Guest Writer: Shelby Narike, Komen St. Louis Public Relations & Marketing Intern
I experienced the big, pink whirlwind weeks leading up to the Susan G. Komen St. Louis Race for the Cure in the temporary position of intern; however, I experienced Race Day in my newly permanent role: breast cancer survivor.
I discovered the Komen internship opportunity because I was desperately trying to make sense of why I had breast cancer. After beginning my internship, I have learned that the why is unimportant; the how is what matters. How is this going to shape me? How am I going to use this? How am I going to make something good out of this?
I decided to make something positive out of my diagnosis by interning with Susan G. Komen, an organization that diligently fights the very breast cancer that rattled my life and continues to rattle the lives of others.
In the weeks leading up to June 13, 2015, I assisted the wonderful women of Susan G. Komen St. Louis in preparation for the 17th Annual Komen St. Louis Race for the Cure as a public relations and marketing intern. Lexie, my fellow intern, and I were warmly welcomed into the Komen St. Louis office. These first few weeks as an intern are a caffeine-fueled blur in my mind. My coworkers are magical women who somehow manage infinite tasks to insure the Race runs smoothly. Lexie and I tried our best to assist in anything and everything Race-related.
Lexie and I arrived in Downtown St. Louis at 5 am with eager anticipation of the day we had both only experienced vicariously through the memories of our coworkers. The office attire had been jeans and purple Komen Committee T-shirts all week long, but on Saturday, I transitioned from my well-worn purple tee to the pink shirt of survivors. Race Day was one day shy of the six “monthiversary” of my bilateral mastectomy and breast reconstruction. I put on my pink shirt with a brief wave of emotion at how far I had come.
I was diagnosed with stage one invasive ductal breast cancer on December 19, 2014 while home in St. Louis for winter break during my junior year at Tulane University. I was only 20 years old. My cancer experience has been a lucky one. I did not have to suffer through chemotherapy or radiation. At 21 years old now, I am cancer-free.
Wearing the pink survivor T-shirt was a big step for me. I spent the first few months of 2015 avoiding people. I do not mind talking about my situation, but I struggled to deal with people’s initial reactions. I felt an irrational guilt for watching people worry about me. I would much rather have cancer than have to watch someone I love have cancer. I know my loved ones feel the exact same way about me…they would rather be sick than have me be sick. I dreaded making people think that way.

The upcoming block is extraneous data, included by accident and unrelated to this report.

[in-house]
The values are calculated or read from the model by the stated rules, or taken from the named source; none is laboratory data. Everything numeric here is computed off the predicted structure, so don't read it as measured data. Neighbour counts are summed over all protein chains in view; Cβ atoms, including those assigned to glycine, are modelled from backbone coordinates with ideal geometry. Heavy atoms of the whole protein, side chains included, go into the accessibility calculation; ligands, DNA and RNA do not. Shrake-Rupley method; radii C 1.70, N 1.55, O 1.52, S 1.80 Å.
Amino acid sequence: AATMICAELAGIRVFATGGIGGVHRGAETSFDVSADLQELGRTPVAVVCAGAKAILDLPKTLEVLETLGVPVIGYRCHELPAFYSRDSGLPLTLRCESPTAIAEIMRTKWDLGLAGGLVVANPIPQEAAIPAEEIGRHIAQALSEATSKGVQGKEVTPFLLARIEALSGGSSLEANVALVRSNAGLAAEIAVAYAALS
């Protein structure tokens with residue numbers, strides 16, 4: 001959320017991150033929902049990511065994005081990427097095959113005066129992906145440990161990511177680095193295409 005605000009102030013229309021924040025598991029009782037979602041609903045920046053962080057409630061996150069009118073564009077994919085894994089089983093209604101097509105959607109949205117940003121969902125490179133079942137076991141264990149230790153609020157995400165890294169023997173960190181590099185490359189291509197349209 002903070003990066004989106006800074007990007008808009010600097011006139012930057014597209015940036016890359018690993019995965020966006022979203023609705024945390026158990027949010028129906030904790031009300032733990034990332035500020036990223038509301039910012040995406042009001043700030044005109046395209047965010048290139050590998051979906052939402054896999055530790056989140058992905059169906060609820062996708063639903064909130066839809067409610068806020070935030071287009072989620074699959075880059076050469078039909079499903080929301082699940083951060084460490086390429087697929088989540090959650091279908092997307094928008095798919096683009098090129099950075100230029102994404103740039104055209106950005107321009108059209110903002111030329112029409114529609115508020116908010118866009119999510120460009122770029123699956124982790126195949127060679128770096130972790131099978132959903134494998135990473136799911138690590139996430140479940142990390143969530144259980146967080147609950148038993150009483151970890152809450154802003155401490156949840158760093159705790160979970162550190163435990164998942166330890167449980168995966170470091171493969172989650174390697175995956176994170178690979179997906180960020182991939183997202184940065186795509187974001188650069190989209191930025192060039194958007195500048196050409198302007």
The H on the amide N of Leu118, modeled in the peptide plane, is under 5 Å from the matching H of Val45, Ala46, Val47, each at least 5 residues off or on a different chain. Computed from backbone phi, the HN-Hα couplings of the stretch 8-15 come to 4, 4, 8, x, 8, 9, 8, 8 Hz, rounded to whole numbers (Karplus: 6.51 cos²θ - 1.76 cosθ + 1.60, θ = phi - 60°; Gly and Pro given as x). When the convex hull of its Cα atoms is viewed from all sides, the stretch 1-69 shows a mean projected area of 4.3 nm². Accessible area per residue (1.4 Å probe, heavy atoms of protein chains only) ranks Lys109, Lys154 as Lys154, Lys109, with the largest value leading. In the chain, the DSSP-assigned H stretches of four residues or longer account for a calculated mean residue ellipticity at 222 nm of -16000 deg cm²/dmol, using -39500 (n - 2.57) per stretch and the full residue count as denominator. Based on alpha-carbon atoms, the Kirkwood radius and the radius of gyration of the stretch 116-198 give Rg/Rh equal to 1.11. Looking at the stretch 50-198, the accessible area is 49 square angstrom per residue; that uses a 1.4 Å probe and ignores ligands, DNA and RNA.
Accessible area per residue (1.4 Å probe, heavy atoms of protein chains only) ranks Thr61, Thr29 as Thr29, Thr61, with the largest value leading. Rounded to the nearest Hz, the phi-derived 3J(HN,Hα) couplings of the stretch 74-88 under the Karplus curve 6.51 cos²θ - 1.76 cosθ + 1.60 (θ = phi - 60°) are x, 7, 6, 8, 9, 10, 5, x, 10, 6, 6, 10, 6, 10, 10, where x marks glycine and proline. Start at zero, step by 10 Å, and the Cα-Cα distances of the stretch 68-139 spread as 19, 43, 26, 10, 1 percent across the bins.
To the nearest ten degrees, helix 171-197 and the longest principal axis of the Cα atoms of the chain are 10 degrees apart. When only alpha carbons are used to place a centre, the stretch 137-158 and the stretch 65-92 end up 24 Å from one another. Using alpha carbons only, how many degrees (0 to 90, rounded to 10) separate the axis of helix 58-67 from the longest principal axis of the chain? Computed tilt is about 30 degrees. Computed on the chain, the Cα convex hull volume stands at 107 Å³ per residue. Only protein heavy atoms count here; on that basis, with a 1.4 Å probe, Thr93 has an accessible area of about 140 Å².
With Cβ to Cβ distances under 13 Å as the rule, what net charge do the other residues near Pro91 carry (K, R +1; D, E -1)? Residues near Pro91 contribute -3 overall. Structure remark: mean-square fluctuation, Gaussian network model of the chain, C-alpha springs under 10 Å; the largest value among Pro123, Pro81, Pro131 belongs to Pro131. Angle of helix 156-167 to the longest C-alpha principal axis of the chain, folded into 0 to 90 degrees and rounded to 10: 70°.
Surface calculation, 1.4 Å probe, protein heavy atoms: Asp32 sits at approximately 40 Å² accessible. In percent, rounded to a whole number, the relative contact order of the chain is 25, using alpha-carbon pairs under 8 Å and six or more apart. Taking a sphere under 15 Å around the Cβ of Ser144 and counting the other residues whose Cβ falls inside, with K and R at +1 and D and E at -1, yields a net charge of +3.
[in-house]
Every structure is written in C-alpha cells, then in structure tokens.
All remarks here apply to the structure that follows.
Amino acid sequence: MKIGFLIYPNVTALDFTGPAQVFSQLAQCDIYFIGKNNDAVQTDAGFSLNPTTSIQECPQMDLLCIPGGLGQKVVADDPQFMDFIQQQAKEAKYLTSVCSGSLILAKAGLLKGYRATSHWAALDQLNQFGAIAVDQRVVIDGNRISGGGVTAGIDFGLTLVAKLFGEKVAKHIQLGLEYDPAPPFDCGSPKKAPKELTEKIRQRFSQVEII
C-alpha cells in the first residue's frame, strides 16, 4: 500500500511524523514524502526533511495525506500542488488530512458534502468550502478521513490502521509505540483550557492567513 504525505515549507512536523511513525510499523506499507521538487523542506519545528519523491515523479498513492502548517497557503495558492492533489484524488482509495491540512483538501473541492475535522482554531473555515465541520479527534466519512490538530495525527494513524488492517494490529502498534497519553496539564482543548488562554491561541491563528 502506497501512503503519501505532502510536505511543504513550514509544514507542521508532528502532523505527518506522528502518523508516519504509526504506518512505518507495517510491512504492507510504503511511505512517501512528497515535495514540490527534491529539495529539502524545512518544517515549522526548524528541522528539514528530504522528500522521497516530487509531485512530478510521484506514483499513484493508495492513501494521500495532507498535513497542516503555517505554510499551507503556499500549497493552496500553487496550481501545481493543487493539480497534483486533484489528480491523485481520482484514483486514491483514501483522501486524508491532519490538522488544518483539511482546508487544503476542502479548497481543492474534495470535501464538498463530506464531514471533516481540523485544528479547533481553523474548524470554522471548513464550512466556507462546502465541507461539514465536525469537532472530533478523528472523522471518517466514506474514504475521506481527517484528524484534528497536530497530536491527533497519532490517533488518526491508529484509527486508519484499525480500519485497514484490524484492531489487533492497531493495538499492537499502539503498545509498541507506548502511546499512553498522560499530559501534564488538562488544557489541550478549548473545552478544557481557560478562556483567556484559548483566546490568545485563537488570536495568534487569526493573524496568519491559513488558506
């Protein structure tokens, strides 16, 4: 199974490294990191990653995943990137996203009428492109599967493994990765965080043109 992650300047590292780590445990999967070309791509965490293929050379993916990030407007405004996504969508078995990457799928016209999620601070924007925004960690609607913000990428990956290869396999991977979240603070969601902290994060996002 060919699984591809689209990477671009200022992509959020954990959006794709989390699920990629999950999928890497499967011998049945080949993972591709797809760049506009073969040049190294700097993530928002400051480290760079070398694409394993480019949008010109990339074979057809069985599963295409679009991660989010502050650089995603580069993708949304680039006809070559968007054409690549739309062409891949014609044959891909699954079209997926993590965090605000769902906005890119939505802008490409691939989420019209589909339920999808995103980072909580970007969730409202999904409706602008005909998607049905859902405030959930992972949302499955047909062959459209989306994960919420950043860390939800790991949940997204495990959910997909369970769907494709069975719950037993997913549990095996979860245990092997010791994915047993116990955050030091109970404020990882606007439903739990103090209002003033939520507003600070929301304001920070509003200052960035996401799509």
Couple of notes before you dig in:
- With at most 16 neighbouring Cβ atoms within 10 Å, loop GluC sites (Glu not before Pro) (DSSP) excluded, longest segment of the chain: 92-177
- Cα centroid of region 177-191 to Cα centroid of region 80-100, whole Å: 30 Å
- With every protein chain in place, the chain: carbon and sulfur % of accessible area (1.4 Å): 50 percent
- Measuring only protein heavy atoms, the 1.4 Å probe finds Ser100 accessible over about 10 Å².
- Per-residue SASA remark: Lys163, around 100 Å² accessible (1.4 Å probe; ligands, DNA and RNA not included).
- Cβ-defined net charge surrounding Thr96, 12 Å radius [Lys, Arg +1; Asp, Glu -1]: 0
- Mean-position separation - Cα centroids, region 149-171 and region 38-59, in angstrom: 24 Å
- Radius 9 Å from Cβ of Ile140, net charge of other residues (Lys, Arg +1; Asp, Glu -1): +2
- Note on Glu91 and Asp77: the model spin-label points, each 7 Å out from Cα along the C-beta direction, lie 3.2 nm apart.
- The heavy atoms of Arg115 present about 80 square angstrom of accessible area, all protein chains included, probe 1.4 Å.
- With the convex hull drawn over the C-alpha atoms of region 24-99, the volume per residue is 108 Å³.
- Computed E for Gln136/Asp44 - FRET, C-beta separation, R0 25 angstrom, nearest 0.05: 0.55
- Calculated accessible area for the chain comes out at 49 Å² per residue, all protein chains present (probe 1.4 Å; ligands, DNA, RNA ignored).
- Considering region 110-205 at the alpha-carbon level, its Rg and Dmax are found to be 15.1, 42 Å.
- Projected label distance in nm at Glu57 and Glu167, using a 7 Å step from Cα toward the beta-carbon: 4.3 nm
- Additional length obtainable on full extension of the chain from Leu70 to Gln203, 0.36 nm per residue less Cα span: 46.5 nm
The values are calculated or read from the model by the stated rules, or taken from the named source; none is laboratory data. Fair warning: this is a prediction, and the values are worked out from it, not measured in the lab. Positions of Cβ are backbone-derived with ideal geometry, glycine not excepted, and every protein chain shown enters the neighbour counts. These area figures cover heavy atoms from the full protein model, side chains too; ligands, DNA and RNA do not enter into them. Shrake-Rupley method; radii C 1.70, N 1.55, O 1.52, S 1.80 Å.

St. Louis can feel so small to the point of always seeing someone who you know everywhere you go. I was sick of going out and having people ask me why I was not in New Orleans at school. I hated catching people off-guard with some variation of “Oh, yeah I’m not in school this semester because I have breast cancer. How are you?” I was tired of the shock, the sympathy, and the feeling I was ruining someone’s day. I did not want to leave my house.
Fast-forward a few months, and I’m leading the survivors’ procession at the Race for the Cure in front of thousands of people and multiple cameras. Helen Chesnut, Komen St. Louis executive director and breast cancer survivor, kindly asked me to join her in leading the procession. I was overwhelmed by the sea of pink-shirted survivors at the Race.
Raising money is not the only thing the Race does for those affected by the disease. The Race provides the opportunity for unity, for support, for awareness, for closure. The Race allowed me to be surrounded by survivors and loved-ones who were filled with conflicting relief, anger, hope, grief, comfort, pain, and resilience just like me. Not one person greeted me with shock or sympathy. I was greeted with immeasurable solidarity. We hugged, we shed tears, we breathed as a unified whole. It was in this moment that I found closure. I finally felt like I could close the short cancer chapter of my life.
It happened. It’s over. I’m standing here. We are standing here.
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Shelby is a senior at Tulane University majoring in public relations and English at the School of Liberal Arts. She is a member of Chi Omega.